What you wear says a lot about who you are.

I’m participating in Camp NaNoWriMo right now. The goal is to write 50,000 words in the month of July. Due to the physical limitations with my neck, I already know that I will not make that goal, but that’s okay. As long as I’m writing as much as I can, when I can, I feel like I’m accomplishing something. I AM accomplishing something.

My current WIP word count is around the 20,000 mark. I feel good about it, but I’ve hit a little speed bump. (I refuse to call it “writer’s block” because that sounds and feels debilitating.) In an effort to poke my creative muse into action, I decided to do a little flash fiction (around 100 words) with my characters. This has opened me up to new ideas and character traits in the past, so I figured it can’t hurt, right?
I wrote seven different pieces and discovered a lot about my characters. Some of these things were already incorporated into my manuscript. Some of them though, I’m going to go back and put in because they will deepen the characters, give them back story, and help define who they are.

My muse is alive and awake and singing in my ear.

If you’re a writer in need of some help in getting to know your characters? Do what I did and ask them to tell you their favorite article of clothing. Here’s what mine had to say.
(Character names and plot undisclosed at this time.)

My cowboy boots are unconventional, sure, but I feel most like myself when I wear them. They’re soft and broken-in on the inside so they feel like extensions of my own legs. When I wear them I feel cradled, safe, steady. Like some precious breakable thing carefully cocooned in bubble wrap. On the outside, though, they’re tough and rigid, like they can take anyone or anything on without caving. In my boots I’m a warrior. I am strong. I am sure. When you hear the sound of my boots clicking down the hall way, you should watch out. I’m coming.

When I want people to leave me alone, I wear my Starfleet Academy t-shirt. I discovered early in life that when people think you’re a geek, they tend to give you a wide berth. They aren’t wrong. I am a geek. I’m not ashamed that I’d rather be at Comic Con than the Friday night football game. At Comic Con I’d be with people like me. At football games, I feel conspicuous, like everyone there is comparing me against invisible parameters that I can’t define. Besides, my Starfleet Academy shirt connects me to her–it’s our thing–and it’s the most important thing I have.

Could Picasso pick which painting he loved most? Could Stephen King designate his best work of fiction? Would you ask Bill Gates which one of his dollars is most important to him? No. My collection of t-shirts as a whole is important to me. Each and every one of them hand-picked for a specific reason, to elicit a specific response in others. Some may call my shirts snarky, some witty, some provocative. All of those are true. But my collection is more than that—it’s an expression of who I am at any given time right there on my chest for anyone who cares to know.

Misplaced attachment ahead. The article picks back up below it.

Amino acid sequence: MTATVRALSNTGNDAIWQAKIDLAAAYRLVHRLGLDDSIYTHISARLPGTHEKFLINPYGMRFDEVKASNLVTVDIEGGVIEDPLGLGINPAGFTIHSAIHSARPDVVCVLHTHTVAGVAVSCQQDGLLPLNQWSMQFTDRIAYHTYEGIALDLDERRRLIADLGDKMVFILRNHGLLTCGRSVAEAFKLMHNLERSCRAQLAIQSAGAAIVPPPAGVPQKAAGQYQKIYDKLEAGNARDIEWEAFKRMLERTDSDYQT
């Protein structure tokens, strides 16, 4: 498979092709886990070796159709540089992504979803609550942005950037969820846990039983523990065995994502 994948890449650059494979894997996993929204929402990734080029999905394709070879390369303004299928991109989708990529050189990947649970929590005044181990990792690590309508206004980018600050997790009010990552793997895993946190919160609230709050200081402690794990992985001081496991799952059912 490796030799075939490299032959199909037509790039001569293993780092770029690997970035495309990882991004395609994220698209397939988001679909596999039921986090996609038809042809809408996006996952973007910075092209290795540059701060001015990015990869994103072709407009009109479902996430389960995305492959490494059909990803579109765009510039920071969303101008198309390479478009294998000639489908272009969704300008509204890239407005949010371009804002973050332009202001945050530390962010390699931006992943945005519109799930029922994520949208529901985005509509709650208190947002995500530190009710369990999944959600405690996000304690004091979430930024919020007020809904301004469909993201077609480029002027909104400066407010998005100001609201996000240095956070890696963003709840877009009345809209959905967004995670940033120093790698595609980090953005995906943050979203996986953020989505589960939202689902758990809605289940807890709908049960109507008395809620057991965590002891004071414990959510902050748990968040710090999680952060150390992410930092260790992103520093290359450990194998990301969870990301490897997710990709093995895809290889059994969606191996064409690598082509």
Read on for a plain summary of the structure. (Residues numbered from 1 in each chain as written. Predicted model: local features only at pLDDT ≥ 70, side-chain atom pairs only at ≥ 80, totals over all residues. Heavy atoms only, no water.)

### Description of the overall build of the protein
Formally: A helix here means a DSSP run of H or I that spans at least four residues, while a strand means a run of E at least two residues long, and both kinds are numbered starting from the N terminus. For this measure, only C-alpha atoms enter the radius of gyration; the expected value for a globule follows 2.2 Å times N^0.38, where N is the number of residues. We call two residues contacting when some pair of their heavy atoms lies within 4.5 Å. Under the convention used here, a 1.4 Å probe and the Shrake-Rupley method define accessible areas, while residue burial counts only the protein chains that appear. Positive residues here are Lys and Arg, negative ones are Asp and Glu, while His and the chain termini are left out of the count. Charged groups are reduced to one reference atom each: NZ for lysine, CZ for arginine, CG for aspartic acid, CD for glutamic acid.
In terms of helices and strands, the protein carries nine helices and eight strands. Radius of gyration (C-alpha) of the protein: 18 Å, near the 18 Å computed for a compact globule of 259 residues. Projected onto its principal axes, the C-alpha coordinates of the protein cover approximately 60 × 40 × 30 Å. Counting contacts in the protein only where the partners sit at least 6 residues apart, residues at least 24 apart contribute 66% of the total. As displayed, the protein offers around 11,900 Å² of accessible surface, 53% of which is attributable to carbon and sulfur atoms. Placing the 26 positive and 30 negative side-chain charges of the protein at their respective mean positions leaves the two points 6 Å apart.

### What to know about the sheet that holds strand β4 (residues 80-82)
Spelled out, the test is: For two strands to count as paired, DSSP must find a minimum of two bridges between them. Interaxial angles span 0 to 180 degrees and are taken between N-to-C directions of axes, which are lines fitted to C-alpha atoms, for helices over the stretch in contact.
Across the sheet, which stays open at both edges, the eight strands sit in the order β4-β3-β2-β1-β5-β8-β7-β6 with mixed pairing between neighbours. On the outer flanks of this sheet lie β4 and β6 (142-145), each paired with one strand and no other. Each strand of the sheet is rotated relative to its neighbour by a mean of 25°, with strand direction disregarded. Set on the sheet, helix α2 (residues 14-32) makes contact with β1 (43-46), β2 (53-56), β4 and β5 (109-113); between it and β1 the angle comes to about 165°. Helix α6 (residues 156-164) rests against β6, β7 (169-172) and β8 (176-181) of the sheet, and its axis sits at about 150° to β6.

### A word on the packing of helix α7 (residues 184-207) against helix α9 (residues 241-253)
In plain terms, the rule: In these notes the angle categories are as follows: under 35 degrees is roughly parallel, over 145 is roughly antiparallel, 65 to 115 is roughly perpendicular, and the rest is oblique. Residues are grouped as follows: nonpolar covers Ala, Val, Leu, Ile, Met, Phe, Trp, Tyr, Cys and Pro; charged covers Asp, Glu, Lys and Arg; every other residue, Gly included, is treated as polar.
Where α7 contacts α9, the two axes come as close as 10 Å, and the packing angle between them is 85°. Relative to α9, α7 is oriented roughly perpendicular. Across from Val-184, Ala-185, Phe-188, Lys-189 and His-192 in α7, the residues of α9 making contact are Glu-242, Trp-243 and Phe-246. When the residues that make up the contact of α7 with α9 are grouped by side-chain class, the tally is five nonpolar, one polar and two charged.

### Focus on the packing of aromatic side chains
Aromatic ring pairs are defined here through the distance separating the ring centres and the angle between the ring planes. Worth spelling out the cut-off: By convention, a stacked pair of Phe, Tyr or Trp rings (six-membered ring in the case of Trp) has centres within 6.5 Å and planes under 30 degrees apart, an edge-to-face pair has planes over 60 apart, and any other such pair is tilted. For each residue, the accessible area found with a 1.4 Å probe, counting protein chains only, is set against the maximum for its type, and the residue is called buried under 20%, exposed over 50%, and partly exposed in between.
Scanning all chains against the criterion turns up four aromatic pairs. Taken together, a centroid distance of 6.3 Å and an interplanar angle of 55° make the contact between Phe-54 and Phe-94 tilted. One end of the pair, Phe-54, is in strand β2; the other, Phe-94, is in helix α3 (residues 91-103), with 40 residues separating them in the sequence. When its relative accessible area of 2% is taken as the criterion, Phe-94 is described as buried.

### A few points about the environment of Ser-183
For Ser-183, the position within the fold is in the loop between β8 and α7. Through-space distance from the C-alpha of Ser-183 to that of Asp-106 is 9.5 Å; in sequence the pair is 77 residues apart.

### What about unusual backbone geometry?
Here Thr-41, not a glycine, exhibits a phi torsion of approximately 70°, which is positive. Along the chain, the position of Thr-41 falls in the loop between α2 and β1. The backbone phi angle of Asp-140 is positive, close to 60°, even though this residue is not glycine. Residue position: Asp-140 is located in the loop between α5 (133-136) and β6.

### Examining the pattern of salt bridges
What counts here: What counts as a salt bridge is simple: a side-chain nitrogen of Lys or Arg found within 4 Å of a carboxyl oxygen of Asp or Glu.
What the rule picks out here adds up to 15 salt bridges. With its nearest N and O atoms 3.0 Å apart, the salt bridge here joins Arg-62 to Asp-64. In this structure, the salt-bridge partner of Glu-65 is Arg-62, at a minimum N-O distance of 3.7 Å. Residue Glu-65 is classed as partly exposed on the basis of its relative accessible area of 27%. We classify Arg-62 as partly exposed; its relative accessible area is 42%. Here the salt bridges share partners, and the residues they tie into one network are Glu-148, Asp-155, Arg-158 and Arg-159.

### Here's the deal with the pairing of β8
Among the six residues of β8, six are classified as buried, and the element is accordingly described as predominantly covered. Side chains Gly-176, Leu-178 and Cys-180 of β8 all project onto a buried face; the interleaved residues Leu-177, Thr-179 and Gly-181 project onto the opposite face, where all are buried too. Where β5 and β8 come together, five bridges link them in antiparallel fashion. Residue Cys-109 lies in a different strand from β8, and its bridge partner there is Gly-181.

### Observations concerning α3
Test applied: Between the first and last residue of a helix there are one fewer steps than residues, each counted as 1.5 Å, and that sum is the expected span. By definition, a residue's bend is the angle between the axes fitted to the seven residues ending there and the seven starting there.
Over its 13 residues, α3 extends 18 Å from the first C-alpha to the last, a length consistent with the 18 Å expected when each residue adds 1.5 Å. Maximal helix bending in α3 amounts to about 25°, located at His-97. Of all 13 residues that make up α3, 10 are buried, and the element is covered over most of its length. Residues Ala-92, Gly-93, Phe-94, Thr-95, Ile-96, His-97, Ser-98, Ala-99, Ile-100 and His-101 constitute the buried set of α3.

My band uniform is ugly. It’s hot and it chafes in all the wrong places. I wear it anyway. Not because I’m required to do so, but because it connects me to a group. It gives me identity and purpose. When I put it on I’m transformed from one into one in the tribe of hundreds. When I stand on the field amongst the sea of blue coats and stiff tasseled hats, I lose individuality and gain corporation. For the fifteen minutes I stand on the field at halftime, the pressure to “Be the Best” is replaced by the relief of “Being Like Everyone Else.”

The handkerchief I wear tucked into my breast pocket every day is monogrammed with my initials, HLW. By handkerchief standards is mostly unremarkable—white, cotton, silk stitching around the edge—but it bears a remarkable purpose in my mind. The handkerchief was a gift from a woman whom I thought I could trust. I was wrong. She betrayed me in the worst sort of way, not as one lover betrays another, but as one soul betrays her equal. I kept it to remind me that trust is mist on the wind. Fleeting, delicate, and easily blown away.

My letter jacket has patches on it that date back to 7th grade. I’m leaving one spot open where the State Championship patch should go. Will go. I have one more year to make that happen and I’ll make that happen no matter what it takes. Excelling at football has been expected of me since I first played in the Pee Wee League. Once the coach noticed my talent, I became Mr. Football. Anything else I did, I do, is second to that. Who cares that I made a 2600 on the SAT, as long as I make the touchdown that wins us the game? I will, by the way.

Most dudes my age would rather run naked through acid rain than wear a friendship bracelet. I wear the one I have with pride, like it’s a badge of honor instead of pink, purple, and black stringed embarrassment. My little sister made it for me. The nurse at the cancer treatment center taught her how. She told me she used the pink thread because it’s her favorite color, the black because it reminds her of me, and the purple stands for courage we both need while she’s doing chemo. She is so strong. Like the bracelet. I won’t take it off until she’s cancer free.